The Weakest Links: Why Cannabis Growers Should Be Culling Their Weaker Plants

By Stephen Keen
Published: December 6, 2017 | Last updated: May 11, 2021 04:50:28
Key Takeaways

Focus on the best and forget the rest. To build a strong crop of healthy plants, don’t be afraid to cull the weakest plants at each stage. It’s how Mother Nature does it. Here's why culling at each stage will provide benefits in the long run.

This concept is going to sound backwards to many of you, but our years of cannabis growing experience have shown that the best way to produce the highest quality product is to cull plants at each stage of growth.


Professional gardeners know this rule well, but most cannabis growers do not. In fact, it seems backwards to many cannabis gardeners to throw out plants at the transitions between the different stages of a plant’s life cycle (clone/seedling, vegetative, and flowering) as they have put effort in keeping these plants alive and as healthy as possible.

However, culling plants at each stage will produce a more robust and higher yielding crop through the selection of the strongest individuals and the discarding of weak plants.


The Logic Behind Plant Culling

As plants grow, their true character comes out. Plant growth characteristics can be delineated as sensitive to low, medium, or high amounts of dissolved solids in water; preference for direct or indirect light; susceptibility or resistance to disease and pests; short or long internode length; and so on.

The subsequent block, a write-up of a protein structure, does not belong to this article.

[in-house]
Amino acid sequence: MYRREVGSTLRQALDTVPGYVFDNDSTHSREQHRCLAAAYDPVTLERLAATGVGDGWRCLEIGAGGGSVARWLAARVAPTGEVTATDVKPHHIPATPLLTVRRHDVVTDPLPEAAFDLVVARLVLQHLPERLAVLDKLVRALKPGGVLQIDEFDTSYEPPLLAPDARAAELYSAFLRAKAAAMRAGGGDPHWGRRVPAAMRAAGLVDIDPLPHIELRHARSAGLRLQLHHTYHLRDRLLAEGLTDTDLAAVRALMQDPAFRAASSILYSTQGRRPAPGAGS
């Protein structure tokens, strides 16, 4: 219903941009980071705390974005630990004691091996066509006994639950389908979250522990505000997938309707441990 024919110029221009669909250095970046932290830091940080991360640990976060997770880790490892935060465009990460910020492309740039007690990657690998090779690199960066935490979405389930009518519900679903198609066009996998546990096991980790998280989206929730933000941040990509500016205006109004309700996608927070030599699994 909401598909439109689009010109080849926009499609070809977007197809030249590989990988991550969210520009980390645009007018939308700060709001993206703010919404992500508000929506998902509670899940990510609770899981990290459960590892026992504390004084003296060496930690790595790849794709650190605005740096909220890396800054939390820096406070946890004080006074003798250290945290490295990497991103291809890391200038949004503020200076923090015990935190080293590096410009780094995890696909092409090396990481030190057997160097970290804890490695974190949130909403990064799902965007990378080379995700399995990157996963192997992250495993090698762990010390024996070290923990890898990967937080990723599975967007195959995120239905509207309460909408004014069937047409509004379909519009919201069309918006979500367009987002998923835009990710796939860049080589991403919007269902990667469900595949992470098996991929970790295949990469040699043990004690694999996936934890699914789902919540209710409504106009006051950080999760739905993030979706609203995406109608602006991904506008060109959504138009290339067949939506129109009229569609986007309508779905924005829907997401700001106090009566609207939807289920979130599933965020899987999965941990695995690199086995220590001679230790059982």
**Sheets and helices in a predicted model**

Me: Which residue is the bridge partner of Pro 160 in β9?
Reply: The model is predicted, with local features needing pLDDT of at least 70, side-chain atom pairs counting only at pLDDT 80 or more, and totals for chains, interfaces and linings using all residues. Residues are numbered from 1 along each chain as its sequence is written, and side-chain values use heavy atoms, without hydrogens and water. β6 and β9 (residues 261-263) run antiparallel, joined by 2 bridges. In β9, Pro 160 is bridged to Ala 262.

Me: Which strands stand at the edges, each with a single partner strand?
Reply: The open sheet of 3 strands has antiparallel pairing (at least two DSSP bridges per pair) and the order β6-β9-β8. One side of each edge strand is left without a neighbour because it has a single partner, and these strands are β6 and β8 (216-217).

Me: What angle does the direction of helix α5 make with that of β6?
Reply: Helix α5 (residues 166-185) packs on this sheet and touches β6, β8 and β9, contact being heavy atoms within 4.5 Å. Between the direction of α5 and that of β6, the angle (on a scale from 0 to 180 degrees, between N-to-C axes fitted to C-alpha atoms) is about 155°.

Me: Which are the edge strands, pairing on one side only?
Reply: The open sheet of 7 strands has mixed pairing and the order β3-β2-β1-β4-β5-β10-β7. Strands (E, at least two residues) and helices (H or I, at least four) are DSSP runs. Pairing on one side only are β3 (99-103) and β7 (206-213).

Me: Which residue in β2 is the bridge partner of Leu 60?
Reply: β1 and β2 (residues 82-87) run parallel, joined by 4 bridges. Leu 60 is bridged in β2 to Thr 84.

Some are large growers, some are not. Some are prone to bugs and infections, while others are heartier. Some can thrive on limited nutrients and others need to be pampered to reach their full potential.

These differences cannot be seen simply by looking at a seed or clone cutting. Instead, they only show up once the plants have a chance to grow and are exposed to your individual growing style and cultivation environment.


As such, it is recommended to cull plants at each stage before moving them into the next phase. This means that you survey your crop, select the best ones to move on, and destroy the rest.

Let’s repeat that: At each stage of the grow, throw some plants away and keep only the best performers.


To make this work, culling losses must be factored in from the beginning. For example, let’s take a conservative estimate of 10 per cent culling loss at three stages; clones, rooted clones, and vegetative growth.

Using this formula requires about 140 initial cuttings for every 100 plants that end up in the flower room. This culling loss can (and should) be adjusted based on your success rate and cultivation style. When losses are not factored in from the start, the pressure to produce often overrides plant quality.

Gaps in your healthy plant count are filled with less than desirable replacements, which in turn bring yield potential down and increase the potential for pest/disease incursion, both of which create more work for facility personnel.

The Rewards of Culling Plants

With culling, the plants that make it through to harvest will be the best performers. You won’t be struggling with underperforming plants or playing catch-up.

The culling process can help avoid many common cultivation setbacks associated with pests, disease, and genetic drift, since sickly plants are often the most vulnerable.

The plants selected in this process will produce higher yields and better-looking products. You will easily be able to make up the cost of starting extra plants through the quality of the ones that make it to flowering.


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Written by Stephen Keen

Profile Picture of Stephen Keen

Stephen Keen has been an indoor gardening hobbyist for more than 10 years. His personal successes with his garden led him to want to bring new ideas, mainly water-cooling, to the mainstream.

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